Saving Celery Seeds From the Garden / Health Benefits
Do you remember this spring when I posted that you could regrow celery? Well, yes you can, but there are some things to know first!
1.) When you cut the bottom of the bunch of celery off (see above link) , let little rootlets form first by setting it in a dish of water for a few days. Then plant it outside. No rootlets = no growth!
2.) It needs a LOT of water. I had read that it was a bog plant originally, and it loves those conditions. A drip system would be totally helpful for celery (along with your cabbages). Next year?!
3.) They might have thrived in a bit of shade. Sun is fine, but the hot sun we had this summer (90-107° every day for almost two months) just increased the need for water. I lost several that way.
4.) I could have cut lots of celery leaf to flavor chicken salad, potatoes, and soups, but I was afraid it would hurt the growth of the plant. I won’t be looking for big, juicy stalks next year, but will be happy to use the leafy tops with about 3″ of stalk. More just grows from the crown of the plant. It was as fresh and good as any store bought, but better since it isn’t sprayed.
So, in order to get to the seed stage, just let the celery plants you have go to head. That means you can still pick leaves and the mini-stalks, but don’t cut back the lanky stalks that shoot up from the heart of the plant. For me in the Midwest, they started to set seed in early August.
Eventually, the stalks will have flowers very much like Queen Anne’s lace. Butterflies love them. They will smell like celery~ so lovely and fresh!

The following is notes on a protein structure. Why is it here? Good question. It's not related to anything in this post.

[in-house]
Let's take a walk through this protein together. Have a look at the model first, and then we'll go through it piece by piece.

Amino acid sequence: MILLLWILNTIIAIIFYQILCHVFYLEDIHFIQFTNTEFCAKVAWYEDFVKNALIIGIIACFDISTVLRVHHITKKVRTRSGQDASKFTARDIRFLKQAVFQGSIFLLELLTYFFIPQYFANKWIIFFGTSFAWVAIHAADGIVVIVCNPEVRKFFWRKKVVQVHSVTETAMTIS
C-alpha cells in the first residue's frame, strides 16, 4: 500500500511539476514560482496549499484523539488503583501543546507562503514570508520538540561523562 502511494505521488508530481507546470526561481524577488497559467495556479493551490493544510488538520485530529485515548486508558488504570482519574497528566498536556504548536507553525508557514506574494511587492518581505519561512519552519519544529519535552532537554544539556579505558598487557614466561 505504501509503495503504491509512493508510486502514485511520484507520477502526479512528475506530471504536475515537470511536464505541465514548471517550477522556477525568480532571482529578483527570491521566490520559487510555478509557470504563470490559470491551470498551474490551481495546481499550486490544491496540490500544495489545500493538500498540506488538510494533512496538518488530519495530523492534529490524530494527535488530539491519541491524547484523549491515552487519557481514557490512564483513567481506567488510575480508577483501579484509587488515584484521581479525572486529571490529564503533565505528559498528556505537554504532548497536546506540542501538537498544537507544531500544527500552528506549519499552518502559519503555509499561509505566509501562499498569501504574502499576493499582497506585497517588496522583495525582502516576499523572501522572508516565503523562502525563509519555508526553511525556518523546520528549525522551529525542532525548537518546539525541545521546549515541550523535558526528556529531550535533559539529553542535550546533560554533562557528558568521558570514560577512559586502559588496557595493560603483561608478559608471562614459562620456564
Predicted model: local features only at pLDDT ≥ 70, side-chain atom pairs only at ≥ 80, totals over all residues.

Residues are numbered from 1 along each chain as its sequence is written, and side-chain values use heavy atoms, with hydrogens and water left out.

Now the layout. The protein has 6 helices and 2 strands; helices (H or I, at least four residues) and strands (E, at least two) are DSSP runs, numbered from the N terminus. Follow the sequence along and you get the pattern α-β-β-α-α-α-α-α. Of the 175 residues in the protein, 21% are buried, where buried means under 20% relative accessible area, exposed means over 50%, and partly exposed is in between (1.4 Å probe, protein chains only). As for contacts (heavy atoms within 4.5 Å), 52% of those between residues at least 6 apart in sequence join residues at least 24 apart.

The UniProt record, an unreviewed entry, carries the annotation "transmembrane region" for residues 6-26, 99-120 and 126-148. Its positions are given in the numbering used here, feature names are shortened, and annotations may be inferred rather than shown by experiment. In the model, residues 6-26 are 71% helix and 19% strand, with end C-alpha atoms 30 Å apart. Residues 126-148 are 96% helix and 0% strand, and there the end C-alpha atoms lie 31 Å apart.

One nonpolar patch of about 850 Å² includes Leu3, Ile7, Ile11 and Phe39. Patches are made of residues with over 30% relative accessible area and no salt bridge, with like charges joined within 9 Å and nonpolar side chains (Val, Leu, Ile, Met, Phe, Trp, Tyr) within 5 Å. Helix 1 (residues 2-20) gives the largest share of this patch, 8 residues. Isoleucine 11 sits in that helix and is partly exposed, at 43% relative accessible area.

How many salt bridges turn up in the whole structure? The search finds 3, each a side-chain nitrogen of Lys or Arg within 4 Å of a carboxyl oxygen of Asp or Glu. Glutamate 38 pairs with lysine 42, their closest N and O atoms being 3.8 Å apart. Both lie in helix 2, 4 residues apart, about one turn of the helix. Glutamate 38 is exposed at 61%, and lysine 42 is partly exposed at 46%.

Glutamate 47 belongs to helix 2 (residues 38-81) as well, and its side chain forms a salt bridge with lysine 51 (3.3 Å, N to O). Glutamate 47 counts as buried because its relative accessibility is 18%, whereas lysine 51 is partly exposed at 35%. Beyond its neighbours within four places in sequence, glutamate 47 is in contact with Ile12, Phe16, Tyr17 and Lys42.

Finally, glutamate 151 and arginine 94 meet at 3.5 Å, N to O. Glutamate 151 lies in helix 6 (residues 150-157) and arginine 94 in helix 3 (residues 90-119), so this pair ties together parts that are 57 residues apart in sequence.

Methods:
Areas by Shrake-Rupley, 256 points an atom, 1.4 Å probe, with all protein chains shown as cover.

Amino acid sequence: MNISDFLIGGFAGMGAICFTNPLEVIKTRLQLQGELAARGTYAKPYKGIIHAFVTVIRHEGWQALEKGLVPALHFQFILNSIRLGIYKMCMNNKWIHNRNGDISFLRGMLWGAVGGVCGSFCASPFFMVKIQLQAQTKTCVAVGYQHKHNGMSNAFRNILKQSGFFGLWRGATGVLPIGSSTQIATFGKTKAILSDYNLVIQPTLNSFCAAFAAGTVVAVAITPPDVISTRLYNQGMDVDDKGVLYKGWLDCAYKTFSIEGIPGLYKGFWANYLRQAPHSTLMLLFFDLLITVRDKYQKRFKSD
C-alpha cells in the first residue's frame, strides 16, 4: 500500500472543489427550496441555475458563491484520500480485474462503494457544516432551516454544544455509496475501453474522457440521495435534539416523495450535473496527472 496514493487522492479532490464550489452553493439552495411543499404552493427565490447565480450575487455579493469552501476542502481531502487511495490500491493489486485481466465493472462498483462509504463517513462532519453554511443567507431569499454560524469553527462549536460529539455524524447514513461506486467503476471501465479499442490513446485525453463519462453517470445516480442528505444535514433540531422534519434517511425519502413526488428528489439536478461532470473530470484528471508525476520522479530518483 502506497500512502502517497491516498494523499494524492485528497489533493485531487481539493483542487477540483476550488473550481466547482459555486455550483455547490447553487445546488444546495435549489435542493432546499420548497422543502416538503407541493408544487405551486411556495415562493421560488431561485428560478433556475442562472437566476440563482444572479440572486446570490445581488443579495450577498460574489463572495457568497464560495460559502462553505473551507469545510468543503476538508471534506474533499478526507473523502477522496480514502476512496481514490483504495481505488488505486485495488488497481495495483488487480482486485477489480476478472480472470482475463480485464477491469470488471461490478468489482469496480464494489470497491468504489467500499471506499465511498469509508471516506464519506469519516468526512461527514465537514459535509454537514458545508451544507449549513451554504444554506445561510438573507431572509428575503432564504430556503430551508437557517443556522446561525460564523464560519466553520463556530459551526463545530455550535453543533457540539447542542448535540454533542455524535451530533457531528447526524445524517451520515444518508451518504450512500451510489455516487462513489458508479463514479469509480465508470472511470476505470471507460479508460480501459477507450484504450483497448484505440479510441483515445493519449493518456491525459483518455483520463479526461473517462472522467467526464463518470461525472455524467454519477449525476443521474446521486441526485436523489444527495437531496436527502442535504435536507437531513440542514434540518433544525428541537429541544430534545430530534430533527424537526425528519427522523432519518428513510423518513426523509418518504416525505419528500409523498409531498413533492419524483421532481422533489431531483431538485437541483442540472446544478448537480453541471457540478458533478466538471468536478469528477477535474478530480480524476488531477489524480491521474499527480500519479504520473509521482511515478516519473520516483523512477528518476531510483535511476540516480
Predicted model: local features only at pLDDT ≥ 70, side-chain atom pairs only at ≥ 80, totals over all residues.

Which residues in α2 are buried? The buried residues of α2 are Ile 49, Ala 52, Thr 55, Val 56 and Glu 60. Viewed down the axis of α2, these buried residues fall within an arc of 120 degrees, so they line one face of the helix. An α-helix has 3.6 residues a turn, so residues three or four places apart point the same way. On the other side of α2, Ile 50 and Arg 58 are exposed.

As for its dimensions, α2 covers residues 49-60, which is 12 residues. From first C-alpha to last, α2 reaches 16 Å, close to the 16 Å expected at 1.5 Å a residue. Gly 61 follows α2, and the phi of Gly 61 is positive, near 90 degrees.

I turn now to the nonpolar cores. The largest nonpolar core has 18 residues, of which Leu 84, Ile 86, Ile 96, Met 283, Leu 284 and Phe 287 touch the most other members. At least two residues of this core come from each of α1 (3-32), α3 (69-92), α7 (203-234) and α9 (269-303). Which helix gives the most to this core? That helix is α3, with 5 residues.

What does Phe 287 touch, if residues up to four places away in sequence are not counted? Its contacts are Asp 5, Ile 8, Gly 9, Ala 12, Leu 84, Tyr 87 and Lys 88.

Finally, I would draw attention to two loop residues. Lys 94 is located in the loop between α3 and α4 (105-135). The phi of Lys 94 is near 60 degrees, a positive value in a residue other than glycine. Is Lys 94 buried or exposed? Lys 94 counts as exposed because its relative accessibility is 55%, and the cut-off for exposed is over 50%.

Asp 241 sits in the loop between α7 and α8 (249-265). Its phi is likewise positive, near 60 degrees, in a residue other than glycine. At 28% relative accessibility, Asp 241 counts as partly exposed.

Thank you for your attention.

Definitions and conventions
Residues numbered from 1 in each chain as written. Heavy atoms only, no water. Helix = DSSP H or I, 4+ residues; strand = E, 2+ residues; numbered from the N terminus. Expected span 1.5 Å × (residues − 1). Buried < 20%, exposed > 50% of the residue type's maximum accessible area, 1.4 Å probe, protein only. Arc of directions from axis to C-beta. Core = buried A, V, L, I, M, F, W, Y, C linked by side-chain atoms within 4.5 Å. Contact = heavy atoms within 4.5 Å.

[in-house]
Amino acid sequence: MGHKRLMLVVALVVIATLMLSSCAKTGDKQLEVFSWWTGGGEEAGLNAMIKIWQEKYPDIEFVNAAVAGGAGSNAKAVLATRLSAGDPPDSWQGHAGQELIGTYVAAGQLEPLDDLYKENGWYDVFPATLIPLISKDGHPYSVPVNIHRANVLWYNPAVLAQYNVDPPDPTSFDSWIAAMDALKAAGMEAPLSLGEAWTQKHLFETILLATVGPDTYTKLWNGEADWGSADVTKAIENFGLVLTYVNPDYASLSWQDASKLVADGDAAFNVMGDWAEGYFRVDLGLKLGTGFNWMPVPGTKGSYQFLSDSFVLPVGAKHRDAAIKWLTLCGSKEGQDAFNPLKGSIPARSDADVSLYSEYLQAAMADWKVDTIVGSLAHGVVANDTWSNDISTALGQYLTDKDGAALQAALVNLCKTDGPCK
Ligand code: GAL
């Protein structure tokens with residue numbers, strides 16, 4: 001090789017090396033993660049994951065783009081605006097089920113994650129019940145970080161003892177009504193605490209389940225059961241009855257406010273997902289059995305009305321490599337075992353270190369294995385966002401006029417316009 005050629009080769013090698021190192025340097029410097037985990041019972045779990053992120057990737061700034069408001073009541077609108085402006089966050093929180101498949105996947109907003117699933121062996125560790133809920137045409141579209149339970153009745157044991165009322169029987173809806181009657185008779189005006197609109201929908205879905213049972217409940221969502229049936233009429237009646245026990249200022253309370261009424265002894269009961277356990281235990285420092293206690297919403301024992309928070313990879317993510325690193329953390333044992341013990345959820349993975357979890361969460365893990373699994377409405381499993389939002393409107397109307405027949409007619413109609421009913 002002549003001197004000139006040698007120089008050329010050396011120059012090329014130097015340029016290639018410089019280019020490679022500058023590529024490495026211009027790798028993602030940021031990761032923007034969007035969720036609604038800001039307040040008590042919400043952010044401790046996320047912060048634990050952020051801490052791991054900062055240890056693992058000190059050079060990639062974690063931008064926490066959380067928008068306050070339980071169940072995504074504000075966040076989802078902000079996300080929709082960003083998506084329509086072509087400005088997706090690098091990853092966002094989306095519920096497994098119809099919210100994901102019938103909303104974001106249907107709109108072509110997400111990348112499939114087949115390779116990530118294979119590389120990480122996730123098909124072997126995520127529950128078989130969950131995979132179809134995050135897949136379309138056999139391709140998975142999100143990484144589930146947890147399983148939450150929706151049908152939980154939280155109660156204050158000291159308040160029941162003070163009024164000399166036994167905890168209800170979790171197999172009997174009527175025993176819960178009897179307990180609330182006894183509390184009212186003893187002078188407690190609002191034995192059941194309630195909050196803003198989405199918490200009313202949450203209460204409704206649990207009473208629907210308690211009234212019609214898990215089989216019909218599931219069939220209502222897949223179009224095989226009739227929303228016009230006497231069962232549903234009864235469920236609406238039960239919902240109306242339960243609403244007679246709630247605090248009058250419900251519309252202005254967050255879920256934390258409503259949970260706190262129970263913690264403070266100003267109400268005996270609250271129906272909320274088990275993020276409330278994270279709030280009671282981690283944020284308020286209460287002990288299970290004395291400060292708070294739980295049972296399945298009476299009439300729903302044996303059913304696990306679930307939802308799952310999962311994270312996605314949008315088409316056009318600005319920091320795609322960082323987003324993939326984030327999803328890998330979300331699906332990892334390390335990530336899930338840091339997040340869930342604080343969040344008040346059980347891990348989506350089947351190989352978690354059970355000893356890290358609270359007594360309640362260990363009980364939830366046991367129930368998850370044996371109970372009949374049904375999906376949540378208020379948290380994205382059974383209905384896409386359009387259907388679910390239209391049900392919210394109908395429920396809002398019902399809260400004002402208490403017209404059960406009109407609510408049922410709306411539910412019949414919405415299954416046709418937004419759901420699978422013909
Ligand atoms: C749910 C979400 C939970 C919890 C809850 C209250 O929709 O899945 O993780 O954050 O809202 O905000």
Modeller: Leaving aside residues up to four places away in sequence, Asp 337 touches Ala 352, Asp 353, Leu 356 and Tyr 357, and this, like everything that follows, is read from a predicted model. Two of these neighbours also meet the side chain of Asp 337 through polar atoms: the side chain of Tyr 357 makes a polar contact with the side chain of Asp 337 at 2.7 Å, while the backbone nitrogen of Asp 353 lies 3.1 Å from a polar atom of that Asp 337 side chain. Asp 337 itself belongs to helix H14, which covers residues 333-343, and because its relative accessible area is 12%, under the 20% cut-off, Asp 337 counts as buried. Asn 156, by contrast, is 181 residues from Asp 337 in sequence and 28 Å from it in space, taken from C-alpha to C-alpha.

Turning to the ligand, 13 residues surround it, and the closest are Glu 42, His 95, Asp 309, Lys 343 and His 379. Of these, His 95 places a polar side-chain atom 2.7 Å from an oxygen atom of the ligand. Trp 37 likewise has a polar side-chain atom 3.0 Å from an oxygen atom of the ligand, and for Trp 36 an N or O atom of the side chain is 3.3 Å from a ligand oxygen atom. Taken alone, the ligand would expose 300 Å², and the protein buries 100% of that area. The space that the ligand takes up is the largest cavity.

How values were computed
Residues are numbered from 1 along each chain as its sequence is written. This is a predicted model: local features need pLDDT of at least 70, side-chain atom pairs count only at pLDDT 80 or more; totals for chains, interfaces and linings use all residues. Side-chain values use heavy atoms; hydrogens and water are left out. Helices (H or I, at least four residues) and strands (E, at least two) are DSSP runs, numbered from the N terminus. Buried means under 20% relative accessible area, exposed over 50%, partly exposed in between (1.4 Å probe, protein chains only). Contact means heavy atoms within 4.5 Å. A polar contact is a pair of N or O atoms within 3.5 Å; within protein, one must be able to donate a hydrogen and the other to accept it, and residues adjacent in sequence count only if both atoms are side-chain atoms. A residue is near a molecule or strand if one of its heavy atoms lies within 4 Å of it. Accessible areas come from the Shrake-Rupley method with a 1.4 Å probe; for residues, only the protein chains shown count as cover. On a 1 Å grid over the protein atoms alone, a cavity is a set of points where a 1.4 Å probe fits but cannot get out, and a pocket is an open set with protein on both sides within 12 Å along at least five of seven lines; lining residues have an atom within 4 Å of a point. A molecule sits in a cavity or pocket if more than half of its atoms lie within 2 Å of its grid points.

The petals will fall, and the developing seed will swell and start to age.
Here you can see several stages of seed development. It is quite lovely when you get up close. Little stripes become defined, better than the store-bought kind (what I had in the spice cabinet looked crushed)!! The aroma of celery intensifies now and makes one hungry for potato salad or such 😉
When the celery seeds start to darken, take care not to shake them as you cut. Catch the seed heads into a bag or bowl. I found they want to drop off if the weather has been excessively hot and dry. If it has rained, wait for a dry day to collect the seed.
Store celery seeds in a tin or the spice shaker of your choice, and enjoy this appetite-stimulating seed. Is it a spice? Or an herb?
Celery seeds are used as a diuretic. People who are suffering from gout and arthritis may find celery seed helpful, as the diuretic properties promotes the clearing of uric acid crystals collecting in the joints. They are also anti-inflammatory, helping to reduce the swelling and pain.
They have the ability to lower blood pressure and cholesterol, aid milk flow in nursing mothers, and freshen breath. Avoid in pregnancy if you are experiencing bleeding.
For a great little site on nutrition, go to nutrition-info.com.
Deep Roots at Home is also now on Google+!
Thanks for reading!